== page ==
FIGURE 6: DESTAINING ACTIVITY OF PROTEASE ENZYME ON BLOOD. (a) Control (b) after 5 min (c) after 10 min (d) after 15 min
FIGURE 7: DESTAINING ACTIVITY OF PROTEASE ENZYME ON DYE. (a) Control (b) 0 min (c) after 5 min (d) after 10 min (e) after 15 min
CONCLUSION: From the present study it was revealed that Nomuraea rileyi was capable of producing a considerable quantity of the protease enzyme and it was subjected to ammonium sulphate precipitation followed by dialysis. The protease enzyme was partially purified to 3.64 fold with a yield of 3.5 % and specific activity of 1.82 U/mg. The partially purified protease has optimum pH at 8.0 and temperature of 40ºC which showed a positive result in the removal of blood stains and dye from the cloths. Therefore this enzyme can be extensively used in the industrial applications in pilot scale.
ACKNOWLEDGEMENT: The authors are thankful to the Management and Principal of K.S.Rangasamy College of Technology, Tiruchengode, Tamil Nadu, India for providing the infra-structure facilities for the present study.
- Clarkson JM and Charnley AK: New insights into the mechanisms of fungal pathogenesis in insects. Trends Microbiol 1996; 4: 197-203.
- St Leger RJ: The role of cuticle-degrading proteases in fungal pathogenesis of insects. Can. J. Bot 1995; 73: 1119-1125.
- Godfrey T and West S: Industrial enzymology. Macmillan Publishers Inc., New York. Second Edition 1996.
- Neville AC: Biology of the arthropod cuticle. Springer-Verlag KG, Berlin 1975.71-123.
- Dubey KV, Monu P, Bishal KS and Medichan VJ: Papain-like proteases: Applications of their inhibitor. African Journal of Biotechnology 2007; 6: 1077-1086.
- Rao MB, Tanksale AM, Ghatge MS and Deshpande VV: Molecular and biotechnological aspects of microbial proteases. Microbial Biol Rev 1998; 62: 597-635.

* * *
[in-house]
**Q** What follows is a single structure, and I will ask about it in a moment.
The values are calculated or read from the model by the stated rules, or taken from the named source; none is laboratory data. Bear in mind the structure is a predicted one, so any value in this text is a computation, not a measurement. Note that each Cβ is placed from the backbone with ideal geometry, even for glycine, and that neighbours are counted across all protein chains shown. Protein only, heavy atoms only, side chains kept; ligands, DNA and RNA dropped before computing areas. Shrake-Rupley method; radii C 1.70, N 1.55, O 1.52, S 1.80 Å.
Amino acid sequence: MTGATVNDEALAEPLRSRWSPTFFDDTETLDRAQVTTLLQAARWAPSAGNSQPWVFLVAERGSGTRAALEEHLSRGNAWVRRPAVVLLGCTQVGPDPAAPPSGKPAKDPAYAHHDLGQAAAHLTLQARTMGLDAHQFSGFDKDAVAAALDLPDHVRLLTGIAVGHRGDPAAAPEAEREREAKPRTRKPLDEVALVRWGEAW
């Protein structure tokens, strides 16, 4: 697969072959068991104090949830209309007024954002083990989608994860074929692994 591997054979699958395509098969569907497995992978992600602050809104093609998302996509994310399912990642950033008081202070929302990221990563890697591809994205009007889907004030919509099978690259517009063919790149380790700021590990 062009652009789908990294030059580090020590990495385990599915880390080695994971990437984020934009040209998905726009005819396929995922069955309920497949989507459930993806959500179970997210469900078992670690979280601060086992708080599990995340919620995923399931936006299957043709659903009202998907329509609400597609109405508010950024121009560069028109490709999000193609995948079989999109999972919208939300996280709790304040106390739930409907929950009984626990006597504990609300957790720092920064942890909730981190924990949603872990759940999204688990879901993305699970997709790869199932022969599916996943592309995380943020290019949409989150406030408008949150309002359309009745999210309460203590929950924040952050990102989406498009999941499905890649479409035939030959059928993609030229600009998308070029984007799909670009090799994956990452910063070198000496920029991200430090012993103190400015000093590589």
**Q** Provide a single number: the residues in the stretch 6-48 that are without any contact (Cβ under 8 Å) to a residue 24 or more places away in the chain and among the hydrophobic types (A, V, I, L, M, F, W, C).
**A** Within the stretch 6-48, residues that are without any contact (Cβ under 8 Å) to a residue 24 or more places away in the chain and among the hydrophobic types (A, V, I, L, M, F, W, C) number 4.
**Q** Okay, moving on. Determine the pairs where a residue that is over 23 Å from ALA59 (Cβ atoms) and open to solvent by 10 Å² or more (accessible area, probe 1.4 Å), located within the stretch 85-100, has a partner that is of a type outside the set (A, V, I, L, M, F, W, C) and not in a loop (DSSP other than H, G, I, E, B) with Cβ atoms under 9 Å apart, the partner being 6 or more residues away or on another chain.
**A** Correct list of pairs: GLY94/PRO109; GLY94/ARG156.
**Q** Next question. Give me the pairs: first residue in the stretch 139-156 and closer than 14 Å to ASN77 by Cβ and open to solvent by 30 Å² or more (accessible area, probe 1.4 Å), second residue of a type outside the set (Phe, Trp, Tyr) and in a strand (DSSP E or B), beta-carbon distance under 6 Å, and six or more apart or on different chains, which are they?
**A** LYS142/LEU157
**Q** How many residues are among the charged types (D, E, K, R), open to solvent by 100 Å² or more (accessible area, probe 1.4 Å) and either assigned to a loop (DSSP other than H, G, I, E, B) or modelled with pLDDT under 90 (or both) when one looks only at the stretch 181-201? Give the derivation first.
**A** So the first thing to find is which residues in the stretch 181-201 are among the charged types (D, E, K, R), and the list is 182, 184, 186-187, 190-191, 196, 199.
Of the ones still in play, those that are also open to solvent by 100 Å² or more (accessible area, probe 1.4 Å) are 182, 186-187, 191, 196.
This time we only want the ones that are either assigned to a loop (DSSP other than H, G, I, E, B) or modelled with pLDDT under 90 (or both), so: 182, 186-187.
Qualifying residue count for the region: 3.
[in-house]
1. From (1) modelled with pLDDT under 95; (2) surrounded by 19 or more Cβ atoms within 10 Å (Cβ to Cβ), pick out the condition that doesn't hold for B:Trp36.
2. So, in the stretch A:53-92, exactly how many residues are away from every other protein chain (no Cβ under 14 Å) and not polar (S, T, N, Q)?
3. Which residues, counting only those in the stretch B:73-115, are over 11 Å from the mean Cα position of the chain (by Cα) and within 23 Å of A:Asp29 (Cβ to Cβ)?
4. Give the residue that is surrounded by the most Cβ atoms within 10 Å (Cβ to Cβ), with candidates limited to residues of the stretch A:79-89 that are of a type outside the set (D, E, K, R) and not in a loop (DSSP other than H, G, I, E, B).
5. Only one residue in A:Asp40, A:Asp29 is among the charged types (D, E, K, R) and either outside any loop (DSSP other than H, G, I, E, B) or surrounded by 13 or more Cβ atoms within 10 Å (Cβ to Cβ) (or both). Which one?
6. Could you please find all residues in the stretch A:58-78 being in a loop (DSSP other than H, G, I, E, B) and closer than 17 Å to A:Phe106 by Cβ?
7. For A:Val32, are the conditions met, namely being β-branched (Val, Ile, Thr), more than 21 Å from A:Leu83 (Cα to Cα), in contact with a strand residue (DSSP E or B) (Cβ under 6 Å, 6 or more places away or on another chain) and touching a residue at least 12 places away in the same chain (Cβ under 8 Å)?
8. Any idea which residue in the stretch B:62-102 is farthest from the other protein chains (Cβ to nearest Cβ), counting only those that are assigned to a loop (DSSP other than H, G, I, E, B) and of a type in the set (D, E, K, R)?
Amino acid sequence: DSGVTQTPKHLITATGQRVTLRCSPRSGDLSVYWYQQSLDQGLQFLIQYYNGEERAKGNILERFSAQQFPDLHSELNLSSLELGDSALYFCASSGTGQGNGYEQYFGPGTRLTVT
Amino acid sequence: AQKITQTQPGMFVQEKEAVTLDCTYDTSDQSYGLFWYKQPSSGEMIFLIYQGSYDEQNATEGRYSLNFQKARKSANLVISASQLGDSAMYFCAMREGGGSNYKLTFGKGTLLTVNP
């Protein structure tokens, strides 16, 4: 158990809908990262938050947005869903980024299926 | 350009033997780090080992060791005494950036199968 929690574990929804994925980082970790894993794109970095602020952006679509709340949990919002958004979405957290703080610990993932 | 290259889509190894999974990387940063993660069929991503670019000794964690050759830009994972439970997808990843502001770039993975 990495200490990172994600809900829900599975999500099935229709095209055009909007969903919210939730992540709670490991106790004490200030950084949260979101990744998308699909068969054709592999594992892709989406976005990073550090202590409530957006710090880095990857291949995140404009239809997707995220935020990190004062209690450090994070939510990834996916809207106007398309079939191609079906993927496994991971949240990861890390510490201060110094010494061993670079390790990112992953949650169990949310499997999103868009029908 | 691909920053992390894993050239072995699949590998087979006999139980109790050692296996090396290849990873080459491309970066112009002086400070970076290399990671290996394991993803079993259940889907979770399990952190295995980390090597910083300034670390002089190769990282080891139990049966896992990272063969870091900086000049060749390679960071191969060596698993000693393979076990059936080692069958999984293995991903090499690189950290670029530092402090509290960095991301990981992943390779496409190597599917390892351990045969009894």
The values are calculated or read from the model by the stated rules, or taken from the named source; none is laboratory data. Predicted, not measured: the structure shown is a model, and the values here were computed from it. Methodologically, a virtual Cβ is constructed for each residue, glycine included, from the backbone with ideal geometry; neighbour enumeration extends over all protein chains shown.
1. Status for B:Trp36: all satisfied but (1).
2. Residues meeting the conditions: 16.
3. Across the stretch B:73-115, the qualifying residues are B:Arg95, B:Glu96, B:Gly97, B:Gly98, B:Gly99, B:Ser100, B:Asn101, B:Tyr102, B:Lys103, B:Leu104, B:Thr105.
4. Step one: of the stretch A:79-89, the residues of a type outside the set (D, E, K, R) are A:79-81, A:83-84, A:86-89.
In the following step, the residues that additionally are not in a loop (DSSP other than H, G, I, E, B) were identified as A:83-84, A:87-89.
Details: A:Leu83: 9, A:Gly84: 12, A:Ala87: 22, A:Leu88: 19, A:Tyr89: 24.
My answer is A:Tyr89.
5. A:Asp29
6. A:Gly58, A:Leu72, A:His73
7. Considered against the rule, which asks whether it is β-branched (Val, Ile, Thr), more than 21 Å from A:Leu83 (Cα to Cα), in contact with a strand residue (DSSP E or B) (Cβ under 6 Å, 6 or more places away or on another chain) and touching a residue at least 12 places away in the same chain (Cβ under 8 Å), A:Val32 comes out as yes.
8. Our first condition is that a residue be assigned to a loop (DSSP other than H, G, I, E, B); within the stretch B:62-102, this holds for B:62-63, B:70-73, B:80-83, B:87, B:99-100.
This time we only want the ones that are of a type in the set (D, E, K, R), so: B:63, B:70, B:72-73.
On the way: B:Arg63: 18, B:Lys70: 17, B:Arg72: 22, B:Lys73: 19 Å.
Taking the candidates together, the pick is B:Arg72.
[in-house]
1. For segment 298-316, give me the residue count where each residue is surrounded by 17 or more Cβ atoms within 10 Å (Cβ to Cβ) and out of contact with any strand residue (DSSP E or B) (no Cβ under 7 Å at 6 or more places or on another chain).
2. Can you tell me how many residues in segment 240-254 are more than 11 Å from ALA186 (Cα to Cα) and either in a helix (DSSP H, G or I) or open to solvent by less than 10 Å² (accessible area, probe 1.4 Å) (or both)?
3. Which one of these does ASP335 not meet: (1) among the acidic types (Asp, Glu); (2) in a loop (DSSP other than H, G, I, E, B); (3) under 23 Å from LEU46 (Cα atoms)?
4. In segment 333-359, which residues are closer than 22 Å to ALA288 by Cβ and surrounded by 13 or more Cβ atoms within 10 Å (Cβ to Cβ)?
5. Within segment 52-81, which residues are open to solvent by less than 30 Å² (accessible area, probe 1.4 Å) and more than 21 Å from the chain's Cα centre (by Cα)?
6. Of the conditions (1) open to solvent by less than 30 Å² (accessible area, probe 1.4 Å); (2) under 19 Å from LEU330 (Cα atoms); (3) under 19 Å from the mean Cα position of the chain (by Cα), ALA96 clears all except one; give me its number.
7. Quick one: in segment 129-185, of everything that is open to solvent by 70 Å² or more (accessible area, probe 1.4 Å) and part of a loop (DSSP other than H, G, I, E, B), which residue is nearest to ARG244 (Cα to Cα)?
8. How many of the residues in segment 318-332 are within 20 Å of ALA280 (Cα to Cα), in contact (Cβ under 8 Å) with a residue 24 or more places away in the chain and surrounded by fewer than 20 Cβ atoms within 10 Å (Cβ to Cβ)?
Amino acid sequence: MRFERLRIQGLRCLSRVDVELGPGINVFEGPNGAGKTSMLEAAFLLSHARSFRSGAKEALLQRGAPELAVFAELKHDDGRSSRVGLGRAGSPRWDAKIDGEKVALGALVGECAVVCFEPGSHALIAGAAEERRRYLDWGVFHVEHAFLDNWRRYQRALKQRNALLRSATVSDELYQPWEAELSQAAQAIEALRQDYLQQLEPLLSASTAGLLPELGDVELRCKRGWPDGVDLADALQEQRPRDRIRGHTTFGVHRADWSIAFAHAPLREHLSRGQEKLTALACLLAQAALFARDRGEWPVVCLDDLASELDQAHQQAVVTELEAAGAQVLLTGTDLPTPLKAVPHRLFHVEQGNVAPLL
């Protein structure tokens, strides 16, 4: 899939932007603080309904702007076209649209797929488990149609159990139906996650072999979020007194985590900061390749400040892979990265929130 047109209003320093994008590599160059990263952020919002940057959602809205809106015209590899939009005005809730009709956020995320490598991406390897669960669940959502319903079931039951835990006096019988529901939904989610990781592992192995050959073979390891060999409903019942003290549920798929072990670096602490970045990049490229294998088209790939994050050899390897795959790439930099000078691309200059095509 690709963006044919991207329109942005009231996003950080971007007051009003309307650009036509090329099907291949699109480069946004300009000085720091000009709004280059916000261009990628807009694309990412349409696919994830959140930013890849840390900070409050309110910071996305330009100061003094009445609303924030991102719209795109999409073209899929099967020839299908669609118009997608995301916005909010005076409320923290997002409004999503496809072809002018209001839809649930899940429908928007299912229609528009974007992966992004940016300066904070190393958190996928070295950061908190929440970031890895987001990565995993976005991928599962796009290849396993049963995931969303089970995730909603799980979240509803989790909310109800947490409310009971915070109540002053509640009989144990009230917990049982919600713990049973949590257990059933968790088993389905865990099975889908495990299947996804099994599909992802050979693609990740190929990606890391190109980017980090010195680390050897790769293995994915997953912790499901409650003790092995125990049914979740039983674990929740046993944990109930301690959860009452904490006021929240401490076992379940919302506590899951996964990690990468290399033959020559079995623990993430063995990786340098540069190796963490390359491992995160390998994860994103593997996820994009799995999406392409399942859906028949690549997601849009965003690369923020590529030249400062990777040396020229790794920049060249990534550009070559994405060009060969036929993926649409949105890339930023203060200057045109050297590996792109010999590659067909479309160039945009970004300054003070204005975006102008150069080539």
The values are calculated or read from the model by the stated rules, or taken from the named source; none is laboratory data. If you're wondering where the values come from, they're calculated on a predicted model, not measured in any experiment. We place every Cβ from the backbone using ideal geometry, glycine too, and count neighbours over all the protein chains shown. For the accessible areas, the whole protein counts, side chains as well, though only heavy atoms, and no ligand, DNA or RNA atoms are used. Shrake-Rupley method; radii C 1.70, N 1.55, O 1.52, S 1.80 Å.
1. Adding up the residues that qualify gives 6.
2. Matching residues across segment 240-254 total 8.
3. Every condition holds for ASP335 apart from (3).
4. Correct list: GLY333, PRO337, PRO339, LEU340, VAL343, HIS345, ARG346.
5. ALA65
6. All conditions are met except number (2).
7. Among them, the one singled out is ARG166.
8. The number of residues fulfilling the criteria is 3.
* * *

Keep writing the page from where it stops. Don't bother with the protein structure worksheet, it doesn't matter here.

- Agarwal D, Patidar P, Banergee T and Patil S: Production of alkaline protease by Penicillium sp. Under SSF conditions and its application to soy protein hydrolysis. Process Biochemistry 2004; 39: 977-981.
- Devi M, Banu AR, Gnanaprabhal GR, Pradeep BV and Palaniswany M: Purification, characterization of alkaline protease enzyme from native isolate of Aspergillus niger and its compatibility with commercial detergents. Indian Journal of Science and Technology 2008; 1:7-13.
- Fujiwara N, Yamamoto K and Masui A: Utilization of a thermostable alkaline protease from an alkalophilic thermophile for the recovery of silver from used X-ray film. J Ferment. Bioeng 1991; 72: 306–308.
- Revathi N, Ravikumar G, Kalaiselvi M, Gomathi D. and Uma C. Pathogenicity of three entomopathogenic fungi against Helicoverpa armigera. J Plant Pathol Microbiol. 2011; 2(4):114-18.
- Ren SX, Ali S, Huang Z and Wu JH: Purification of enzymes related to host penetration and pathogenesis from entomopathogenic fungi. I. Res. J. Biological Sci 2011; 1(4):120-128.
- Mahadevan, A and Sridhar, R: Methods in physiological plant pathology. Sivakami Publications, Chennai, Edition 4, 82.
- Agrawal R, Singh R, Verma A, Panwar P and Verma AK: Partial Purification and Characterization of Alkaline Protease from Bacillus sp. Isolated from Soil.World J. Agric. Sci. 2012; 8(1): 129-133.
- Lineweaver H and Burk D: The determination of enzyme dissociation constants. J. Am. Chem. Soc.1934; 56:658-666.
- Charles P, Devnathan V, Periasamy A, Kalaichelvan PT and Hur BK: Purification, characterization and crystallization of an extracellular alkaline protease from Aspergillus nidulans HA-10. Journal of basic microbiology 2008; 48: 347-352.
- Ahmed I, Zia MA and Iqbal HMN: Purification and Kinetic Parameters Characterization of an Alkaline Protease Produced from Bacillus subtilis through Submerged Fermentation Technique. World Applied Sciences Journal 2011; 12(6): 751-757.
- Hema TA and Shiny M: Production of Protease Enzyme from Bacillus Clausii Sm3.IOSR Journal of Pharmacy and Biological Sciences 2012; 1(4): 37-40.
How to cite this article:
Ramachandran N and Arutselvi R: Partial purification and characterization of Protease enzyme from Nomuraea rileyi. Int J Pharm Sci Res 2013: 4(9); 3460-3465. doi: 10.13040/IJPSR. 0975-8232.4(9).3460-65
All © 2013 are reserved by International Journal of Pharmaceutical Sciences and Research. This Journal licensed under a Creative Commons Attribution-NonCommercial-ShareAlike 3.0 Unported License.
N. Ramachandran and R. Arutselvi*
Department of Biotechnology, K.S. Rangasamy College of Technology, Tiruchengode, Tamil Nadu, India
24 April, 2013
09 June, 2013
17 August, 2013
01 September, 2013